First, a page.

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Nats' Zimmerman has spoken extensively about PED users in past


Nats' Zimmerman has spoken extensively about PED users in past

More than a month after the Al Jazeera report implicating Ryan Zimmerman and others in a story about performance enhancing drugs, Zimmerman has yet to comment in detail on the allegations. He has instead let a lawsuit he has filed against the network on the matter speak for itself.

But in the past, Zimmerman has spoken extensively about PEDs and those who have been accused of using them. There were two stories in particular that got Zimmerman talking on the subject. One was in 2012 when Ryan Braun - a member of the same 2005 draft class and a friend of Zimmerman's - was reported to have failed a drug test. The second was in 2013 when teammate Gio Gonalez was linked to banned substances through the Biogenesis scandal, along with Braun who was accused again.

Zimmerman's comments on Gonzalez and Braun share insight into how he feels about PEDs in general. It is fair to say that he has had some strong opinions on the matter.

In spring training of 2012, Zimmerman had this to say about Braun's allegations:

"This is our livelihood... That's the biggest thing that can be put on you that takes away your reputation and everything you've ever worked for. You get [accused] once in your career, you're screwed for the rest of your life. Everyone's always going to remember that."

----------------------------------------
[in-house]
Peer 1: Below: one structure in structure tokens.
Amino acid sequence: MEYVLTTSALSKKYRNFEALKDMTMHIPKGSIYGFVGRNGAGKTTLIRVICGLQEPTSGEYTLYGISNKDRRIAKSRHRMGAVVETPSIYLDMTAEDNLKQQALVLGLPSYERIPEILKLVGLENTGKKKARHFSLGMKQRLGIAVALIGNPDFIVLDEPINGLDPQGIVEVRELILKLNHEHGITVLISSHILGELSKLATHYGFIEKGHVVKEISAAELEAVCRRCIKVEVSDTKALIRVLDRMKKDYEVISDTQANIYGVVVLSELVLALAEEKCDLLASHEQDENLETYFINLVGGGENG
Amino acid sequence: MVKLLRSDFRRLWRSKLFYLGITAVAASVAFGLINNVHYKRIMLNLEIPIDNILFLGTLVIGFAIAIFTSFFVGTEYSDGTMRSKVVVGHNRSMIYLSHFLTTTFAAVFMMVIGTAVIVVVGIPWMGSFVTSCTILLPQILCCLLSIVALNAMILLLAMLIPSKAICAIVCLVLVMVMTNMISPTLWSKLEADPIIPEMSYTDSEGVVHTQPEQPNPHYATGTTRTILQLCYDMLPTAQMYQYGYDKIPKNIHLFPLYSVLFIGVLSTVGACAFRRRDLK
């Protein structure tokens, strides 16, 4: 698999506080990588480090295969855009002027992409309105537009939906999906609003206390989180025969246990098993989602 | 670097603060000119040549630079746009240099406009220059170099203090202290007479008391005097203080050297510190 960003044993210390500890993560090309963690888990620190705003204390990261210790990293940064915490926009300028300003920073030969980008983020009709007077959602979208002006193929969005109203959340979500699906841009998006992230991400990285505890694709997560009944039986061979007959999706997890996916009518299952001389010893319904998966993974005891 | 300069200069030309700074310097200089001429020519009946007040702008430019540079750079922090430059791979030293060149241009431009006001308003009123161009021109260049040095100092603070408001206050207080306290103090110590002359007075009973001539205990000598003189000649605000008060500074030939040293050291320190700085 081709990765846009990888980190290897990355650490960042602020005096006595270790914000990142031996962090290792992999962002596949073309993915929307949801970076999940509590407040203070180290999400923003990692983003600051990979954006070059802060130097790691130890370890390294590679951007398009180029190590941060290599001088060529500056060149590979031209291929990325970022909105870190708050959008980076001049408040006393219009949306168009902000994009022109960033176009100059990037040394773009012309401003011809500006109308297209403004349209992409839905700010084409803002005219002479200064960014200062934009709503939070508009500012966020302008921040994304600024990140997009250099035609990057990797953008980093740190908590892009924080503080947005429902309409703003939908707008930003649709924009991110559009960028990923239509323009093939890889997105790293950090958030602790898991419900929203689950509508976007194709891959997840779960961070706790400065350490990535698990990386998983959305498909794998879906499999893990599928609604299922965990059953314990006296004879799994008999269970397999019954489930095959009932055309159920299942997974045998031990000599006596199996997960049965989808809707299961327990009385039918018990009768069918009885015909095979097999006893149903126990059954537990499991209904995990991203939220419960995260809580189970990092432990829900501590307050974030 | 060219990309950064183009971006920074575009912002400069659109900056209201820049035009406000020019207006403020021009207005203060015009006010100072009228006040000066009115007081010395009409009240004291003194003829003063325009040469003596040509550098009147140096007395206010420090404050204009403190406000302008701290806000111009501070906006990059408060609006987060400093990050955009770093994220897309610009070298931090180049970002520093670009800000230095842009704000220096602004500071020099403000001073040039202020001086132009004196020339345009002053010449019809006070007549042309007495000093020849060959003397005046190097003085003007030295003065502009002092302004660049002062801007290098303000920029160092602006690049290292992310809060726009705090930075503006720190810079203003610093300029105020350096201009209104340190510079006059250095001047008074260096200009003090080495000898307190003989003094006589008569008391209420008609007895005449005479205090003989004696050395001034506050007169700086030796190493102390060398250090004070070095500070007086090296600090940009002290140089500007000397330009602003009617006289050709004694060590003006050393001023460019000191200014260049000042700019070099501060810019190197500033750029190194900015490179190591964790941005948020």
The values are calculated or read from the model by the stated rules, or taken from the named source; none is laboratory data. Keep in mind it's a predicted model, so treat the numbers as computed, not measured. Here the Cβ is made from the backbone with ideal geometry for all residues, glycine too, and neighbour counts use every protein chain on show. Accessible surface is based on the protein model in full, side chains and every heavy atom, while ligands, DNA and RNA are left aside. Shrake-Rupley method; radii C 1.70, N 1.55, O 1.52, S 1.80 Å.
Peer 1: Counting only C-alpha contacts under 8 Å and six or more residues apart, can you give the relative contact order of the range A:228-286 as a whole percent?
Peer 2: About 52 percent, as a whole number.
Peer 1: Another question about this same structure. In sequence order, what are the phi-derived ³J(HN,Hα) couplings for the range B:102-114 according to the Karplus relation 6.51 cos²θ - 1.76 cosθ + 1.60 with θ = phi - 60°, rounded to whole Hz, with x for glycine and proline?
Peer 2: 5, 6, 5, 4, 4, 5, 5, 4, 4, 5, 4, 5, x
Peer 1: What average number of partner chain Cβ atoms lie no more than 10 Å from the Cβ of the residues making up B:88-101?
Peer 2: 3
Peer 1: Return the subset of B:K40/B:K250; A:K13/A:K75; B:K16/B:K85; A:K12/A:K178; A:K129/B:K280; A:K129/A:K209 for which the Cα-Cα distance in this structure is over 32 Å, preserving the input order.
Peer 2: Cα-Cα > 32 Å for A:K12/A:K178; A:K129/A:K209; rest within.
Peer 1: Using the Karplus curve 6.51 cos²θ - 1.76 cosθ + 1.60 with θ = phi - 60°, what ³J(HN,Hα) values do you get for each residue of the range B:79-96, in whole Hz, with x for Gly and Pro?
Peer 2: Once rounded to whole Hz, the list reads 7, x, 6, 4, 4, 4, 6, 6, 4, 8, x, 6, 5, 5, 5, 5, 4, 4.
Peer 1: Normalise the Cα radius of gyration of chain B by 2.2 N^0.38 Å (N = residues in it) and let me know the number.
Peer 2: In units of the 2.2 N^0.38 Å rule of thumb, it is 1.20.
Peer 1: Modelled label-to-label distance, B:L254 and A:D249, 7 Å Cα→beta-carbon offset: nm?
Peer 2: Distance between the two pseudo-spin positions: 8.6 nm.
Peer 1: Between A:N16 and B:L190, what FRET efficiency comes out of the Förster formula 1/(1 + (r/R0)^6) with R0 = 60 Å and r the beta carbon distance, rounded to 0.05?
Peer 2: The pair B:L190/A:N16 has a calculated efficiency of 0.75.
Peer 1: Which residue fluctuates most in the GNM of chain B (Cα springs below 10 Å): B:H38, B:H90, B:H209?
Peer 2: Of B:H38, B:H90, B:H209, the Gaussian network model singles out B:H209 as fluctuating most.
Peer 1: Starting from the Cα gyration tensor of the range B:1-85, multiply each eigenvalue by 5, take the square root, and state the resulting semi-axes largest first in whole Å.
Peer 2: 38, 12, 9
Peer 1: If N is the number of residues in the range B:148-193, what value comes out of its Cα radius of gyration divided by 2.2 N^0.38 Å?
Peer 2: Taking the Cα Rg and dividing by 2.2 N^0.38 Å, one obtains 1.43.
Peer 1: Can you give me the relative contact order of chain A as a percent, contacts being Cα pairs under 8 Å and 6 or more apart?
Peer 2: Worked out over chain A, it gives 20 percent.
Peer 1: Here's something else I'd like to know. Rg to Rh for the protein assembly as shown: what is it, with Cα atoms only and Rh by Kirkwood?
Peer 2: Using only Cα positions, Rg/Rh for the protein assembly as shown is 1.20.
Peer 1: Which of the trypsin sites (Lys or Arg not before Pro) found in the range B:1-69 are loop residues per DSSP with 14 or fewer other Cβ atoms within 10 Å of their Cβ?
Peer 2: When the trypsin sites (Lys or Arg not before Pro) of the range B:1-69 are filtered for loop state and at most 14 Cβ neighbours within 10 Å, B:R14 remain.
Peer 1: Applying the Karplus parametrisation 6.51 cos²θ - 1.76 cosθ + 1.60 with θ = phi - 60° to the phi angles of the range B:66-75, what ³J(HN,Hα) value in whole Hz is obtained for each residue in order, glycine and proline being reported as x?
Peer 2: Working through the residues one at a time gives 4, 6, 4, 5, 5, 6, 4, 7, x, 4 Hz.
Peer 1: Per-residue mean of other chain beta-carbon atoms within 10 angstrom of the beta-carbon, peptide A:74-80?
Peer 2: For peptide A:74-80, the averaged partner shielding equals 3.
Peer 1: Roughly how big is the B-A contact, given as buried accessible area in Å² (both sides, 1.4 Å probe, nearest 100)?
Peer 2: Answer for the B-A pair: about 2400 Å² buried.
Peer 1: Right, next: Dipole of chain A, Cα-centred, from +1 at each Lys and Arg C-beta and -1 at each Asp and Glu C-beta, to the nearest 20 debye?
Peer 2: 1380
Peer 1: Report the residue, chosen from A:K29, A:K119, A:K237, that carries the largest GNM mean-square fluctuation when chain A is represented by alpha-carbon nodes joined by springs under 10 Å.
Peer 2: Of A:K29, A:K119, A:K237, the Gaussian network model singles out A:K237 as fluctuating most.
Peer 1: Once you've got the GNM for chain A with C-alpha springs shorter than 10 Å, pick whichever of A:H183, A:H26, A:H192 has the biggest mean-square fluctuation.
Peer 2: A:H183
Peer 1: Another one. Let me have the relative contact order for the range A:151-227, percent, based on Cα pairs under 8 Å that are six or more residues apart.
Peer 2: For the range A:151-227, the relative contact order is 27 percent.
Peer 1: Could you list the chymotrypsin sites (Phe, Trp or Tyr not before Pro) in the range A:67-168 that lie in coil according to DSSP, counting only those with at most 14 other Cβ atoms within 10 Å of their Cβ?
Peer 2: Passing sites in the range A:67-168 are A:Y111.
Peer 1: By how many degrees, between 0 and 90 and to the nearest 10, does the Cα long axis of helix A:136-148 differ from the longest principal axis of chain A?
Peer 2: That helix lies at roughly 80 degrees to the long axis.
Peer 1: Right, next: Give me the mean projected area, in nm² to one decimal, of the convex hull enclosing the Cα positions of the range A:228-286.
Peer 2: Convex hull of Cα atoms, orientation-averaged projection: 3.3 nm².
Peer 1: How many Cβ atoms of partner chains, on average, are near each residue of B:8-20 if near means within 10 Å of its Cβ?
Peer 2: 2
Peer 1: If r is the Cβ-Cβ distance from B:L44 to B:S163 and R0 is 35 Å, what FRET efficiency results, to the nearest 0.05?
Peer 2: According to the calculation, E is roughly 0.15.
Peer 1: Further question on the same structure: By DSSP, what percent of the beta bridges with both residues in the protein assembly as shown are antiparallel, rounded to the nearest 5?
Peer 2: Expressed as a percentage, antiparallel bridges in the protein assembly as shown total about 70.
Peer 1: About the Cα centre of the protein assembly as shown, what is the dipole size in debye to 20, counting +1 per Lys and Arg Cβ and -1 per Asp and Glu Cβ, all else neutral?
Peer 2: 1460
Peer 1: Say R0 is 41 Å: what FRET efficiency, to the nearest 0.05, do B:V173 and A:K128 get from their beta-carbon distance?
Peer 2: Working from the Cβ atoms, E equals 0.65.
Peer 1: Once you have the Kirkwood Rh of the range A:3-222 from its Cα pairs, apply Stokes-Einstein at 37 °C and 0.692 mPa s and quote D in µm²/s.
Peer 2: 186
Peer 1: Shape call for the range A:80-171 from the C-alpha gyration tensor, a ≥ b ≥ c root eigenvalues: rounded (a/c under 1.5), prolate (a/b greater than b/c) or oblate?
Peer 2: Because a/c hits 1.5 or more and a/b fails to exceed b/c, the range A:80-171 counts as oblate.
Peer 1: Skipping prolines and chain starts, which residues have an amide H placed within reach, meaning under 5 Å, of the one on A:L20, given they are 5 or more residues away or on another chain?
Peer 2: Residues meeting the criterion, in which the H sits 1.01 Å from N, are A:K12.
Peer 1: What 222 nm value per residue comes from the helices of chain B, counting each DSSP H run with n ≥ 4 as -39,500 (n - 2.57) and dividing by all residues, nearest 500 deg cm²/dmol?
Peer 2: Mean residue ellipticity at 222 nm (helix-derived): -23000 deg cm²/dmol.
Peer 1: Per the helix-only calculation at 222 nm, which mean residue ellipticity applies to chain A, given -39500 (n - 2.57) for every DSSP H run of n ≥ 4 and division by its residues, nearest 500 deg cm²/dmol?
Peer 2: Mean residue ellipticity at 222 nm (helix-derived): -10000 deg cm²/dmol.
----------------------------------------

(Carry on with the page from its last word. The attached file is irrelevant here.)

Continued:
"I think the drug system has done a very good job... There's literally no drugs in the game. If you're doing drugs, you're taking a huge risk and you're more than likely going to get caught. So I think the system has done its job."

In July of 2013, Zimmerman further discussed Braun and PED use with The Washington Post:

"I don’t want to say it’s unfortunate, because they did it to themselves... I don’t think there’s any room in the game for it. For me, if you have nothing to worry about, then you shouldn’t care what the penalties are."

"I think the guys that who are affected are the 24th, 25th guys on the roster... I feel bad for guys that are right on the fringe of making the team, and someone else used that for a couple years and took that away from them.”

And here is what Zimmerman said after Gonzalez was cleared from the Biogenesis report:

"Any time you’re on a list like that or suspected of something, I would imagine it weighs on you a little bit... To be cleared and be able to put it in the past and not have to worry about it anymore is, I'm sure, a great feeling. It's good for him, it's great for us, and hopefully we won't have to worry about it anymore with anyone in here."

Zimmerman will likely address the matter at some point, but these quotes demonstrate well his feelings on PEDs in general.

[RELATED: MLB wants Anti-doping Agency investigation for Al Jazeera PED report]

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Where is the dent in Houston’s roster? Nowhere

Where is the dent in Houston’s roster? Nowhere

What we know: Game 1 is Tuesday night in Houston. What we don’t: who will be pitching to start it.

There are reasonable guesses. Gerrit Cole is 99 percent the choice for Houston. Max Scherzer is the likely pick for Washington -- though it could tweak the whole situation by pitching Aníbal Sánchez in Game 1. Why Sánchez? Pitching Sánchez bumps Scherzer to Games 2 and 6, Stephen Strasburg to Games 3 and 7, and gives Patrick Corbin a start as well as two chances to use him out of the bullpen. The risk is two starts for Sánchez, though he has been pitching better than Corbin in the postseason.